After 30 years in the music business, Prince finally has released his first book. It is bathed, of course, in shades of purple.
The handsome coffee-table tome chronicles an unprecedented 21 nights of sold-out summer performances in London, 2007’s highest-grossing music engagement. “21 Nights” (Atria, $50) captures three weeks of His Highness’ magic on the O2 Arena stage, jamming, grooving, improvising. And then many of the moments behind the show, behind the big, brassy band, behind the fetching, fishnet-wearing twin dancers and into the enigmatic world of Prince. Here, in that other remarkably normal place, fans see the faaabulous Prince stepping out of a car, riding an elevator, chatting on the phone, heading to a club, walking in the rain.
And yet, such everyday, everybody images are somewhat besides the point. This sumptuous collection of photos, poetry and new music, co-created with celebrity photographer Randee St. Nicholas, offers up Prince as a pop-cultural style icon. Yes, she captures intimate moments but Prince’s inimitable, often inexplicable style is the most beautifully realized element in the 124 photographs.
“I wanted this book to look like it would if Italian Vogue decided to devote the entire October issue to covering Prince’s concerts in London,” says St. Nicholas from her home in Los Angeles. “It just made sense to shoot the photos through the filter of fashion because he is a fashion icon.”
In that sense, “21 Nights” is sartorial theater, a dazzling catwalk on paper, the product of Nicholas’ shadowing of Prince and crew throughout London and during a side jaunt to Prague.
In page after page, pose after pose, the book makes a compelling argument that Prince is one of the world’s most dashing rockers. At 50 _ ancient in the world of fleeting fashion trends_he still trades in the commodity of cool, each of his reinventions relevant and of the moment.
Prince’s fashion sensibility, showcased by St. Nicholas in photos shot mostly between 2 a.m. and 8 a.m., is equal parts avant-garde and androgyny; sophistication and flair; whimsy and street, manifested magnificently in custom suits, metal-studded coats, flouncy ruffled shirts, vibrant Derby hats. Among the marquee designers and fashion houses featured: Alexander McQueen, Burberry, Roberto Cavalli and others whose credits are included in a style directory with websites and numbers.
“Prince is finely edited and luxuriously provocative,” says Mark-Evan Blackman, chair of the menswear department at the Fashion Institute of Technology in New York.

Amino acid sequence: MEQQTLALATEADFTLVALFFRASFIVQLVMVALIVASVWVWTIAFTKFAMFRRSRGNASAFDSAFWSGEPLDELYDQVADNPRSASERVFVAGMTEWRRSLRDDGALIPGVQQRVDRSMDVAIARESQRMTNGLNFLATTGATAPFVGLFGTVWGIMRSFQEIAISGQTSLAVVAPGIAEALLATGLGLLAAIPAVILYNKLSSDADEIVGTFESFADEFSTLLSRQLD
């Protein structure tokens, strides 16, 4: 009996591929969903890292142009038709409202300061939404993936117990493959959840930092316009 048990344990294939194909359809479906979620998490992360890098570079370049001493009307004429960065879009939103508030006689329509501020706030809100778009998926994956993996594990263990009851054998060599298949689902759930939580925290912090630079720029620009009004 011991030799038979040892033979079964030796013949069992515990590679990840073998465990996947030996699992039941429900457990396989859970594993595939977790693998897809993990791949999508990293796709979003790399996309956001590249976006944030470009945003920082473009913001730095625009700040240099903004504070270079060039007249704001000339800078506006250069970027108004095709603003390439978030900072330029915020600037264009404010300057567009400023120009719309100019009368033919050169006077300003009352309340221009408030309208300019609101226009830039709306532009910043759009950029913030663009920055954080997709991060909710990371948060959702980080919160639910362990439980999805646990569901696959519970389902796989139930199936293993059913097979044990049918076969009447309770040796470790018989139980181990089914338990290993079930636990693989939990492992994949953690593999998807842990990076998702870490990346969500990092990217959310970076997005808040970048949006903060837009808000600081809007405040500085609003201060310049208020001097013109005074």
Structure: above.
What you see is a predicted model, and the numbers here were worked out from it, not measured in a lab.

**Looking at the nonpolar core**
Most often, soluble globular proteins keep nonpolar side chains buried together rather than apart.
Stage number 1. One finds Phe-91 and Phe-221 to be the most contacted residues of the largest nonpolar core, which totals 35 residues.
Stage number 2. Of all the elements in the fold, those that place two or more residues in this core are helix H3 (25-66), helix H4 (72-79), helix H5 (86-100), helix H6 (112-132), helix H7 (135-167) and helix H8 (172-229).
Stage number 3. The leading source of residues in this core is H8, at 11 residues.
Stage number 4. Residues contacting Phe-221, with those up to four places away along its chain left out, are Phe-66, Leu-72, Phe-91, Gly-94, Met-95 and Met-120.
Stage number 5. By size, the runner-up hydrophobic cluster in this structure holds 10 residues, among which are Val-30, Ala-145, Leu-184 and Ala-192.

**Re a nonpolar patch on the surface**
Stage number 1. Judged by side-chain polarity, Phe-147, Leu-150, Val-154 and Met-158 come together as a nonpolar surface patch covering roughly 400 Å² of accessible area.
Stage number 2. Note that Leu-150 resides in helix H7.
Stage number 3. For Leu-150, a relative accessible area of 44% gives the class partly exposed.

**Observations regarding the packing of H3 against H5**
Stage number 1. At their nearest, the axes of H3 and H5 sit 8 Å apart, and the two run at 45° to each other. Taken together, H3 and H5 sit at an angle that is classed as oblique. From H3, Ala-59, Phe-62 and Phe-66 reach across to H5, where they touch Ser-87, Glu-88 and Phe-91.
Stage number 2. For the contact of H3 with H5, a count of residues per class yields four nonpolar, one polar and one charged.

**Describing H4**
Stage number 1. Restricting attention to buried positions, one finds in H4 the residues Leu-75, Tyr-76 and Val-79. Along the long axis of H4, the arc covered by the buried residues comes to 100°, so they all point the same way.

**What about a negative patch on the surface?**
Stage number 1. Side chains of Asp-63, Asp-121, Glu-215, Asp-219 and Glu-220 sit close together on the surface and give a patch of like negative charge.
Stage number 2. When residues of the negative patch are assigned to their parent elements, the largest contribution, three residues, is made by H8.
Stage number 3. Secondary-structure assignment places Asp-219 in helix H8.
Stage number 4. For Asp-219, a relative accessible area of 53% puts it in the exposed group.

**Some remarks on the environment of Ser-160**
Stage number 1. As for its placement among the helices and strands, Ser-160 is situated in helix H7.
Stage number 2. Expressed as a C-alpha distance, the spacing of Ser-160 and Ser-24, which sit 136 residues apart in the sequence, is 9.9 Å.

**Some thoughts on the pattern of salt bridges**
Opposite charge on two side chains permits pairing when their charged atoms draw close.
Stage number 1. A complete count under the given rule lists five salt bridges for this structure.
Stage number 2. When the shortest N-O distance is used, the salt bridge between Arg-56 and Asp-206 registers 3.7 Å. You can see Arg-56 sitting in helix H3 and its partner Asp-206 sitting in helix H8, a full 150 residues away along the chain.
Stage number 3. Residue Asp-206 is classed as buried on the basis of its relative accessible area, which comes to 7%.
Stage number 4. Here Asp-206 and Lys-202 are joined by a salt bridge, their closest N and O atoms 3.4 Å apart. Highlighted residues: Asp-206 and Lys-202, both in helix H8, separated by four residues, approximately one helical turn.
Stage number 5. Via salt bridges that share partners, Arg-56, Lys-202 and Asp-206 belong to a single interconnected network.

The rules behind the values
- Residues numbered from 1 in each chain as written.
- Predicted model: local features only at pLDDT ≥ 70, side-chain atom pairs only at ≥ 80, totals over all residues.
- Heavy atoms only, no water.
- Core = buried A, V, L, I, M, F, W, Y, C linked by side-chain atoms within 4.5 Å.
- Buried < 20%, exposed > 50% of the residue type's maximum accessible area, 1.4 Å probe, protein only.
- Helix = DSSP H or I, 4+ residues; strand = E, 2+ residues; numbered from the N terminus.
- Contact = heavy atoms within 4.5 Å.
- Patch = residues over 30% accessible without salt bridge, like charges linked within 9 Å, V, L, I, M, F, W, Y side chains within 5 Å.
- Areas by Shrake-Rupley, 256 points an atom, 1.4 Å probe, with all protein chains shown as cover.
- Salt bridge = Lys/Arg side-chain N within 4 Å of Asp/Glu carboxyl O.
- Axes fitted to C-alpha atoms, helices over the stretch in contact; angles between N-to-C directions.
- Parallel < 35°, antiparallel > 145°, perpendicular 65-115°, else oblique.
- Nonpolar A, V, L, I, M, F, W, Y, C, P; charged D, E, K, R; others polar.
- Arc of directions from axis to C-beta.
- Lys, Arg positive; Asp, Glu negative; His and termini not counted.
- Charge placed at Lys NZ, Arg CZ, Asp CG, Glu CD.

Prince is a small, long-limbed, proportioned man with a penchant for the royal tones of purple, a natty dresser liberated by disregard _ perhaps disdain _ for trends, as if he never intended to conform. He follows in a tradition of famous men who were not just well dressed but distinctly dressed.
“Quite literally, Prince is one the few celebrities that truly marches to beat of his own drum, regardless of what the rest of the fashion and culture worlds are doing,” says Wendell Brown, senior editor of Esquire magazine. “He is a true reflection of his music, larger than life, outrageous and absolutely not rooted in any familiar trends. He is otherworldly.”
This is a man who somehow captured the strange power of black bikinis and leg warmers; trench coats and Edwardian suits; permed pompadours and, perhaps most famously, lace and stiletto boots.
HIS OWN STYLE
“Particularly in the early years, Prince challenged what is sexy, what is androgynous, what is appropriate, especially as a black man,” Brown says. “He is sort of like Cher in that his style influence and contributions are not as recognized as they should be.”
On album and now CD covers, on film and stage, Prince shows he understands the intoxicating nature of relecting the moment, looking the part.
“He is a fashion statement. Can you think of a single artist that is so closely associated with a color?” says St. Nicholas, who has directed more than 150 music videos, including Prince’s Gett Off. “Here’s the thing: Prince is Prince 24 hours a day. He is on all day, every day. He doesn’t dress up, he is always dressed up.”
Exhibit A: On the 16th day, Nicolas shoots a candid photo of Prince in his suite at The Dorchester after the concert, the aftershow jam session and clubbing. He is impeccable in a custom creme silk suit with bejeweled french cuffs by Chris Beals.
It is 5:33 a.m.
St. Nicholas has worked with Prince for more than two decades, even directing his 1991 music video for “Get Off.”
“He called one day and said we should do a book. He told me to come up with an idea,” says St. Nicolas, who has photographed artists from Neil Diamond to Diddy.
She says Prince’s concert run, which grossed $22 million, was the perfect backdrop for the book.
“Prince is elusive, but I knew he would be in London for a while doing the shows so I would have the opportunity to spend some real time with him,” she says. “It was a great time for the book. He was breaking records and in a fashion-forward city, and tons of people were discovering him for the first time.”
Prince told USA Today he simply wanted to preserve a moment in music history.
“I wanted to document something that was never done before,” he said. “I don’t expect that record to be broken unless I break it.”
With the book, fans also get “Indigo Nights/Live Sessions,” the CD available only with the book, a jazz, rock, hip-hop-fused collection featuring 15 cuts. The 77-minute soundtrack was recorded at the Indigo club where he performed his gigs after the concerts.
Readers are also treated to poetry by Prince_abstract monologues written in the same vein of his lyrics, that cover the familiar territory of love and lust, war and greed.
“The hope is that with the images and the CD and the words,” St. Nicholas says, “you get the full Prince experience.”
// Notes from the Road
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